If a beat note is of LONGER DURATION than a crotchet, each beat within it is represented by the SAME FIGURE (eg: two beats to a minim, etc.)
If a beat falls on a rest in the music, it is indicate~ by "0" (Zero).
The number of BEATS used in the Musical Theme Code varies according to the Time Signature, but the code itself always fall into two groups

 | CODE A |     &      | CODE B |


CODES GROUPED IN FOURS: 4/4 time has 4 beats to the bar and uses the first 2 bars of the melody 2/2 time (or C| ) may be regarded as the same as 4/4 for this purpose 2/4 time has 2 beats to the bar and uses the first 4 bars of the melody 6/8 time should be treated in the same way as 2/4 time (use 4 bars)
CODES GROUPED IN THREES: 3/4 time has 3 beats to the bar and uses the first 2 bars of the melody 9/8 time should be treated in the same way as 3/4 time (use 2 bars)
LESS FAMILIAR TIME SIGNATURES: 12/8 time with 4 beats to the bar uses the first two bars (Fours) 3/8 time with (in effect) one beat uses the first 6 bars (Threes) 6/4 time (in effect double 3/4 time) uses the first bar only (Threes)


Reading Theme Codes
Each melody in the Main Index has been given a Theme Code. Once having mastered the rules above, it should be possible to use the Theme Codes for cross- referencing. The various purposes to which these can be put are explained in the following section "Using the Theme Code Index".


Setting out Theme Codes
Wilh a suitable photocopy of the music to hand, the numbers can be written under the beat notes directly. If the music is not in written form, it is as well to scribble down the first 8 bars of the music on manuscript and work from that. If the piece is in the Index, it can then be traced against the Theme Code Index (to give its title/s) and in the A-Z Index for its source.


USING THE THEME CODE INDEX
Once you have cracked the coding system, the THEME CODE INDEX can be brought fully into play. It has three purposes:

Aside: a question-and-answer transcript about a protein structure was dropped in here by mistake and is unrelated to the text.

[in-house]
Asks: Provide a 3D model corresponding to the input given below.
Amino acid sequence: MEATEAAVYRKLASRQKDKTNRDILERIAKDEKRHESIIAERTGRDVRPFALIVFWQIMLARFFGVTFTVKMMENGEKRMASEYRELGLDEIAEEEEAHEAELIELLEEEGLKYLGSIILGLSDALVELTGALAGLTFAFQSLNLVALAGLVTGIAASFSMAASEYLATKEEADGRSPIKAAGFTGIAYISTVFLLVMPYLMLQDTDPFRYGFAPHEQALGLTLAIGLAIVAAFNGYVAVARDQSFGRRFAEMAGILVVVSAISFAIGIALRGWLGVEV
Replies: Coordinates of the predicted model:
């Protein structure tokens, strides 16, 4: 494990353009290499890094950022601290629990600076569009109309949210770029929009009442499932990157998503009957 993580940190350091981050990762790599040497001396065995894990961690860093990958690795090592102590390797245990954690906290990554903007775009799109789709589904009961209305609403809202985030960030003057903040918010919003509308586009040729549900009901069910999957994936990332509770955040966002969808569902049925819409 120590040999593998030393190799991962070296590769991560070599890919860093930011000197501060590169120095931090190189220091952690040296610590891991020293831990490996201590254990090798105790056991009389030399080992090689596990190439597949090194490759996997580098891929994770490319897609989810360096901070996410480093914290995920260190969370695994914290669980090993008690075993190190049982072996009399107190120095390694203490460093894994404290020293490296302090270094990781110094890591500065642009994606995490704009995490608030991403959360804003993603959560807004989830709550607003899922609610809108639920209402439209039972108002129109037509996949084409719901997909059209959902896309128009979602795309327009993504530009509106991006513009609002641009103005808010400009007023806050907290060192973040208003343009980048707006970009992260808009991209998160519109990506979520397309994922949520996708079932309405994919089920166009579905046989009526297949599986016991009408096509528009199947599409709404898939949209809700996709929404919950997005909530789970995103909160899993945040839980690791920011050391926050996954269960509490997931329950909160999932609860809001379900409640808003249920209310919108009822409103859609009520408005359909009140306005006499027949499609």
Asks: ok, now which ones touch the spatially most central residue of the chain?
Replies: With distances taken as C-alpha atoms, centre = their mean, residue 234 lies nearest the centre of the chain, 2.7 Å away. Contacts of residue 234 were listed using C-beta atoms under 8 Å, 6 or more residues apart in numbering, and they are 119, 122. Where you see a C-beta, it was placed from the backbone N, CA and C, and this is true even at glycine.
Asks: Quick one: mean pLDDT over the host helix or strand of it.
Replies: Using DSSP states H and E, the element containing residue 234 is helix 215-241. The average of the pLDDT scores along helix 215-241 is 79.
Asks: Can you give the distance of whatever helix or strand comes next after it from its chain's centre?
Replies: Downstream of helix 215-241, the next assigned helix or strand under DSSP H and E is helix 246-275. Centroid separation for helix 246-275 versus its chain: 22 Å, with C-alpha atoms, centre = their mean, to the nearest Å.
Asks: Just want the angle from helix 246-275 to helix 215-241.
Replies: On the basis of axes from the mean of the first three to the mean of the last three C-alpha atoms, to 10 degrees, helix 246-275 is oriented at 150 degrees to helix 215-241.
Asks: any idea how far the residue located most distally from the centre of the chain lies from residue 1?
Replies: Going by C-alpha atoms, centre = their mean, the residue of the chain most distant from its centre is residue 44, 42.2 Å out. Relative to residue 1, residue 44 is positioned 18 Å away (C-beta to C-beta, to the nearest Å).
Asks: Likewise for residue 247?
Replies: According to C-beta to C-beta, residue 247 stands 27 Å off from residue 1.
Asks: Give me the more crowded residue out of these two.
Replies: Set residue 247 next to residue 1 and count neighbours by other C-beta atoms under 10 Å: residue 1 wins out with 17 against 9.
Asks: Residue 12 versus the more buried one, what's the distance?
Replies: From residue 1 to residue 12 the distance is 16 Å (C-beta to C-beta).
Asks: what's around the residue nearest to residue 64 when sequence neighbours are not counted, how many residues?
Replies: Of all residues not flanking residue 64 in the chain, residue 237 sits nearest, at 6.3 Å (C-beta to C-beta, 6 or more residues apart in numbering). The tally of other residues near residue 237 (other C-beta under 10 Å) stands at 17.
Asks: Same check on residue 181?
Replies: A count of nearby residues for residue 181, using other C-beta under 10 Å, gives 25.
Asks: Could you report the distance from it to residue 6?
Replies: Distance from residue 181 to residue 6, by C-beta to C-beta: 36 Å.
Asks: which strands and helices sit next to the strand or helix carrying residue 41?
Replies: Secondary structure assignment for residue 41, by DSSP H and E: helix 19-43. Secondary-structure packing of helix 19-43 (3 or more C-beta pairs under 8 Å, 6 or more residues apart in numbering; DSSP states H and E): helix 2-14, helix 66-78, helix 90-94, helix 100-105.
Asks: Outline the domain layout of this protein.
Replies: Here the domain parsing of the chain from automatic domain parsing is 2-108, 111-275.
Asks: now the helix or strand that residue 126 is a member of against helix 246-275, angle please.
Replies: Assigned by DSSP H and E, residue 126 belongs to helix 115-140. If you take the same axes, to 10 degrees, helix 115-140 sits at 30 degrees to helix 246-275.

1. To facilitate a search for any tune of which the title is unknown or temporarily forgotten. Just the first two bars, a Key Note and Time Signature are all it is necessary lo remember.
2. To create a cross-referencing system whereby tunes wilh a shared melody can be found listed together. Many of the older traditional tunes have been published under one or more titles, sometimes, it has been argued. for not entirely innocent reasons (For example, lhe Gows are alleged to have "borrowed" a number of lunes by Marshall and others and republished them under different titles). In the case of some of the most familiar vocal melodies, short titles and first lines are virtually interchangeable and this has led to confusion in the past.
3. To indicate, by means of the letter prefix (I) or (II), if a tune has been re-published in the later period (from about 1844 onwards). They are left in duplicate for a practical reason: When obtaining copies from library editions of books long out of print, the rule lends to be that pre-1800 volumes are stored on microfiche or film and are expensive to reproduce, whereas later colleclions may normally be photocopied for a fraction of lhe cost. It is always as well to ascertain how lhe material is stored.

THE PROGRESSION is numerical, beginning al the lowest CODE A coding (1L1L1L1L) and ending with the highest (1T1T3T1T) without any sub- division. Use the title and the letter prefix (I) or (ll) to return to tne appropriate A-Z section.


EXAMPLES OF THEME CODES


X:1
T:Ossian's Hall (first 4 bars)
C:Collection: John Anderson
N:3565227b2
M:C|
K:A
e | cAec fde=c | B=GBd =g2 Bd | cAec fded | cAce a2 e ||
%   3 5  6 5     2  2   7b 2


X:2
T:Sr. Adam Ferguson's Reel
C:John Riddell of Ayr
N:5L1124L7bL7bL1
M:C
K:Em
B,EEF E/F/G FE | A,DDE  D/E/F ED | GFED EFGA | Bedc B2 E2 ||
%5L 1  1     2    4L 7bL 7bL   1


X:3
T:My Bonny Laddie has my Heart
C:William Christie
N:151417bL
M:3/4
K:Em
B, | E>F B2 E>F | AF E2 D2 | E>F B2 A>B | df e2 e>f | g>f e2 dB |
%    1   5  1     4  1  7bL
B<d F2 ED | E>F d2 B2 | AF E2 ||


X:4
T:Kiss me Fast
C:James Aird
N:13241313
M:6/8
K:D
D2 A F2 A | E2 F GFE | D2 A F2 A | D2 A F2 A | G2 B F2 A | E2 F GFE |
%1    3      2    4     1    3      1    3
dcB AFA | D2 F AFD ||